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    Quite sure that doesn't apply in a traffic incident, especially where no one is arrested. If you have to go to court to defend yourself because the other party in the incident decides not to take the blame, the dashcam footage isn't "previously withheld evidence", it merely backs up your version of events that you would naturally have disclosed at the roadside.

    if they said "well you didn't tell us you had dashcam footage" you would argue "I told you at the scene that he drove through a red light"
     
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  9. tabetha

    tabetha Active Member

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    It can apply, you do not have to be arrested to be cautioned, you can agree to be under caution, things are not always done the correct way, I have had cases thrown out as the Police questioned myself without an appropriate adult, which seems funny when you're 51 years old but due to mental health issues they must use an appropriate adult from the appropriate adult service.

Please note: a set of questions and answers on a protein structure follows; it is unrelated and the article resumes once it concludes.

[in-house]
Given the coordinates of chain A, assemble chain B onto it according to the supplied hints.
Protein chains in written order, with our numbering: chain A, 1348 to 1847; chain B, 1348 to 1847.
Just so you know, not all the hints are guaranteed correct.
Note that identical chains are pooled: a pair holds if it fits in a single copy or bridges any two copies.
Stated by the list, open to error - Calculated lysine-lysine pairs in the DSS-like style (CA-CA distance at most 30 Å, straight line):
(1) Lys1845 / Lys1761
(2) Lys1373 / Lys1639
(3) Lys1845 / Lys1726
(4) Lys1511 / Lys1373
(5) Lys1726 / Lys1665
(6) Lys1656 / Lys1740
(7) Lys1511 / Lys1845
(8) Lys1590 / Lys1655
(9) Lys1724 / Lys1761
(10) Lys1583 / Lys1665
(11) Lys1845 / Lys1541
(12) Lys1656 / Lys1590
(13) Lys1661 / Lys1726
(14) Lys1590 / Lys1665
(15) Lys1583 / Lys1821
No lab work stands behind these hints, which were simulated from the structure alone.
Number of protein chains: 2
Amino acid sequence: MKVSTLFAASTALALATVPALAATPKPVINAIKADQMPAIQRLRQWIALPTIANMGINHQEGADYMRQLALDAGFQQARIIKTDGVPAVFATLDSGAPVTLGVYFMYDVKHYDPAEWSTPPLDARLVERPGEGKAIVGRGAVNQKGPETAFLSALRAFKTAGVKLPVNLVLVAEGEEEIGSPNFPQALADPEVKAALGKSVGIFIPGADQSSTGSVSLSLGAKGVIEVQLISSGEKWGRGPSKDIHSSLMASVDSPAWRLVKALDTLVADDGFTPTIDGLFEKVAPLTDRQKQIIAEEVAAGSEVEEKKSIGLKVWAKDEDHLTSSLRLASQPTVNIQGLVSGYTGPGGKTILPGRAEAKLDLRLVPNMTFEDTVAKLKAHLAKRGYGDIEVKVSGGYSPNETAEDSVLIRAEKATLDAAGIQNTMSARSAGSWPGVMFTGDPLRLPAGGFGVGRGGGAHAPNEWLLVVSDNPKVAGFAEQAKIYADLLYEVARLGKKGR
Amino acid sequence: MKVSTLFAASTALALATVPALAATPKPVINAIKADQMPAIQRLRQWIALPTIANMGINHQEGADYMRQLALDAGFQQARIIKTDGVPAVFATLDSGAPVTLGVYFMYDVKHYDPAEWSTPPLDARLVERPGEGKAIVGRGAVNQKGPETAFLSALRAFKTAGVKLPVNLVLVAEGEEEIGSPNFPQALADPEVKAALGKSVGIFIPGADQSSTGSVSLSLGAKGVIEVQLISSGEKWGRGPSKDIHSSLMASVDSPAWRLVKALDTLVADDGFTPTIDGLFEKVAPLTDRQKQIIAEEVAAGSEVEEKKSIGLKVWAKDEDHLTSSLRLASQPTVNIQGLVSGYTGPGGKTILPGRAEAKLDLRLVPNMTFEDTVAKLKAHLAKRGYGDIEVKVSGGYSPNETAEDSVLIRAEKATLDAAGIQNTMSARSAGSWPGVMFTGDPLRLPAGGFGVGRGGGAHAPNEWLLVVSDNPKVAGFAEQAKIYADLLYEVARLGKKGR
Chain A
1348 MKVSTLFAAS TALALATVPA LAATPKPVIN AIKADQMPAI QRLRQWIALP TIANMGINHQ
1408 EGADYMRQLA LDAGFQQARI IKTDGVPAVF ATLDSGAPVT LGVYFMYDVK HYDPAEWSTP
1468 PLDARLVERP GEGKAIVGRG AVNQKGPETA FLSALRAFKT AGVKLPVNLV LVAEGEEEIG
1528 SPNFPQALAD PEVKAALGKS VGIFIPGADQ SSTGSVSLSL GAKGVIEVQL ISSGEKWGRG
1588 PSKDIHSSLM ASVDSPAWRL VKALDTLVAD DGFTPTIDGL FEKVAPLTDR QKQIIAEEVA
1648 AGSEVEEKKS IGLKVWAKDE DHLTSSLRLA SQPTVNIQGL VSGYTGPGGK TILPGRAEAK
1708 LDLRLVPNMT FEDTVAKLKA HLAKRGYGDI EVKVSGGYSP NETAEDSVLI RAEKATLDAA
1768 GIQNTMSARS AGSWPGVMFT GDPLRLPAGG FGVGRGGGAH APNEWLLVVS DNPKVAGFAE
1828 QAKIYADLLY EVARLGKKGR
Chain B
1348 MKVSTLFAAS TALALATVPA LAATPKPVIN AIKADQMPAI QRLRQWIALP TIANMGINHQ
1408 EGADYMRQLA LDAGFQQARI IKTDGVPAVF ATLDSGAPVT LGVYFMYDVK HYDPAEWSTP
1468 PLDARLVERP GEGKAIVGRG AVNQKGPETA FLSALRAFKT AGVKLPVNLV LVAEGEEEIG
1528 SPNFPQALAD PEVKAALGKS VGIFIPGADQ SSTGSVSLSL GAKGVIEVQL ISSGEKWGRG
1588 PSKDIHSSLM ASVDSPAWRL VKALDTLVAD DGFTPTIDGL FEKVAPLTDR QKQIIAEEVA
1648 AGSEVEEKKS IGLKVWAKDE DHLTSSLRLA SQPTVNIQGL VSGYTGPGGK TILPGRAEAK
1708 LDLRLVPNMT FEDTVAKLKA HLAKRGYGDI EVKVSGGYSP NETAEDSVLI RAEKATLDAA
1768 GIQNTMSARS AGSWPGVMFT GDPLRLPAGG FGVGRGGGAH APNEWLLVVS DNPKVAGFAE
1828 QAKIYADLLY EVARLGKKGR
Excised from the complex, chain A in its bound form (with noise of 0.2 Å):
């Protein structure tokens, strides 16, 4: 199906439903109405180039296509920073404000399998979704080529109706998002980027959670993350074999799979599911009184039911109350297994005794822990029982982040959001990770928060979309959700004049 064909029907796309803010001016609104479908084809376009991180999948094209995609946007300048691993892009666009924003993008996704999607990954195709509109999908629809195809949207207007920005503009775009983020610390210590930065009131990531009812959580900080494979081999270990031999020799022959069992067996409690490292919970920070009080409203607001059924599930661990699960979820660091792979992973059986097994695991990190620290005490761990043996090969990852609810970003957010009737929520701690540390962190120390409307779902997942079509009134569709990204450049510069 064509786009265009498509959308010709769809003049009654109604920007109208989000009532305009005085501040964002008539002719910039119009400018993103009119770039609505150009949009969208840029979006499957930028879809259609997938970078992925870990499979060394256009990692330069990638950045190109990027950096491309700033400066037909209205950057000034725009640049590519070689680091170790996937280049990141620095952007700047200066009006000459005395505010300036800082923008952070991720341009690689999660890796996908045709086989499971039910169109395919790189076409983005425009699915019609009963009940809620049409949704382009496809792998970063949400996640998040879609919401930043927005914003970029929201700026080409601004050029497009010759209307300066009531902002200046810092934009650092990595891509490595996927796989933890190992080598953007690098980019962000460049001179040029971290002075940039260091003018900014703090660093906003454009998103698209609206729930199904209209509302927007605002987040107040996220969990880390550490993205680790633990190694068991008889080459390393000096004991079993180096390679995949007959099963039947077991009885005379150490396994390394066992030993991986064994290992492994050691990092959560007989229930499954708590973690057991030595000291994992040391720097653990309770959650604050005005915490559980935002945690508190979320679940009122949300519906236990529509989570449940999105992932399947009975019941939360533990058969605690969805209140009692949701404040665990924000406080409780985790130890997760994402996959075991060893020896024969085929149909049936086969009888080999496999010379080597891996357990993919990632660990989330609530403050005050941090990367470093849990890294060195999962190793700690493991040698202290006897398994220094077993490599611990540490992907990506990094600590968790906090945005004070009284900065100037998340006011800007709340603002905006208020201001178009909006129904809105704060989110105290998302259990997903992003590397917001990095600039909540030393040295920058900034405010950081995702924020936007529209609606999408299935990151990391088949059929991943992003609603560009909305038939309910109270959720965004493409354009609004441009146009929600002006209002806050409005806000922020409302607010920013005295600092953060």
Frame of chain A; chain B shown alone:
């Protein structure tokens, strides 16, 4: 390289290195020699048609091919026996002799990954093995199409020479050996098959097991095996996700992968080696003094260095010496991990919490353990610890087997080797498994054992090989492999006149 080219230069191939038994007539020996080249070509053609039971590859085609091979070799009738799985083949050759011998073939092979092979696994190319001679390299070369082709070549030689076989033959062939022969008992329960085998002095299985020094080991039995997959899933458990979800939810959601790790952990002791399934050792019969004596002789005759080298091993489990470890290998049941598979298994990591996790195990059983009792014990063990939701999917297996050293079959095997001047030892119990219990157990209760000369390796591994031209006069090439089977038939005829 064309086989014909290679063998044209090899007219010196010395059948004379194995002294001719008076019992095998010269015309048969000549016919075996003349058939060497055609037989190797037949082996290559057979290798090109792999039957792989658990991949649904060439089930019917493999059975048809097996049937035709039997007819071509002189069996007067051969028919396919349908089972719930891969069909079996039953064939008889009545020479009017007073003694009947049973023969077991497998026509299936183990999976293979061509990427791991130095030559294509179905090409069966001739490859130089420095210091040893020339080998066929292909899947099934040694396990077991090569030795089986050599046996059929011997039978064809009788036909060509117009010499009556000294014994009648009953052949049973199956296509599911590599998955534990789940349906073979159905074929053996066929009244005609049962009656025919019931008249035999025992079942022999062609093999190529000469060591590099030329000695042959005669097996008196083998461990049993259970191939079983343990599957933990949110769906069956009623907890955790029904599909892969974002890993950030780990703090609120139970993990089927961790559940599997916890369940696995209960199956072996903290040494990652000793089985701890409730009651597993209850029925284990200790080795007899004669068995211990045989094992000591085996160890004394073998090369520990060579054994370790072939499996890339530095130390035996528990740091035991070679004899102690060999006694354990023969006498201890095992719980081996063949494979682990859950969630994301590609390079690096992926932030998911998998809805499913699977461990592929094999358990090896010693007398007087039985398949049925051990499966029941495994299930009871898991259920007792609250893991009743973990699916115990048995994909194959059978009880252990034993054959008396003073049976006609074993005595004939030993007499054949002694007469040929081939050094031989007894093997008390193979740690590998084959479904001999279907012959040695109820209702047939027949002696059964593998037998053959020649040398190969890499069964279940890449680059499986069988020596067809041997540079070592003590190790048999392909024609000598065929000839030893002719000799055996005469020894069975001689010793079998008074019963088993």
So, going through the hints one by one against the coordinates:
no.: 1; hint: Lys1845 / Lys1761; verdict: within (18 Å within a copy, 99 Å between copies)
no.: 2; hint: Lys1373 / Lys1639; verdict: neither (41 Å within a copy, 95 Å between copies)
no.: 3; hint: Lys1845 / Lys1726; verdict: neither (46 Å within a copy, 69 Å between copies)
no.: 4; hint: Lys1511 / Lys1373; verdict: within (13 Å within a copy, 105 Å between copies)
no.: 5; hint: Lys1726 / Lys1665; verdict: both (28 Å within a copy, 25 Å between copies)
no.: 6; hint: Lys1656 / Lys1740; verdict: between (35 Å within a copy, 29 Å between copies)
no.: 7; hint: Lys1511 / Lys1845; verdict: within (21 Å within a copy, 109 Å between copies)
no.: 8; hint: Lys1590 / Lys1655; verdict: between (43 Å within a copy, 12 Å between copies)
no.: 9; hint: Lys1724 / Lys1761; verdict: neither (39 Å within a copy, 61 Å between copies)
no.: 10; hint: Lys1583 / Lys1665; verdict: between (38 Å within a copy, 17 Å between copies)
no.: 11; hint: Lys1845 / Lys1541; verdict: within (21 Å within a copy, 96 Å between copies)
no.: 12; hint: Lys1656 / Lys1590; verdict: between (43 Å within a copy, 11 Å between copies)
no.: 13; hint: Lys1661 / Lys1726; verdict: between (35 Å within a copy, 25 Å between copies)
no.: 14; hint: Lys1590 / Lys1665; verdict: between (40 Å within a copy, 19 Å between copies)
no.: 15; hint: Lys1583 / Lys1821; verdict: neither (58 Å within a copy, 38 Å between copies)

10. DashcamDPR

    DashcamDPR Active Member

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    I sit corrected.... but either way dashcam footage isn't "withheld" evidence
     
  11. throrope

    throrope Active Member

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    These questions are best answered by your jurisdiction and likely easily found through your state's Department of Motor Vehicles or equivalent website.

    In my experience within our jurisdiction, the responding police officer submits reports describing incidents and and issues citations based on observed violations. The determination listed on citations can be accepted via a guilty plea by the cited driver or disputed in court. Citations are often issued to clearly delineate liability. Liability is determined by admission, plea or court verdict. Points and penalties are assigned by the jurisdiction in accordance with a preconfigured schedule based on the type and severity of the violation.

    Insurance claims are often established through citations, police reports or verdicts, but can be made without them. Insurance carriers keep record of claims and use them to determine their risk of providing coverage and your premiums in accordance with the jurisdiction's insurance laws.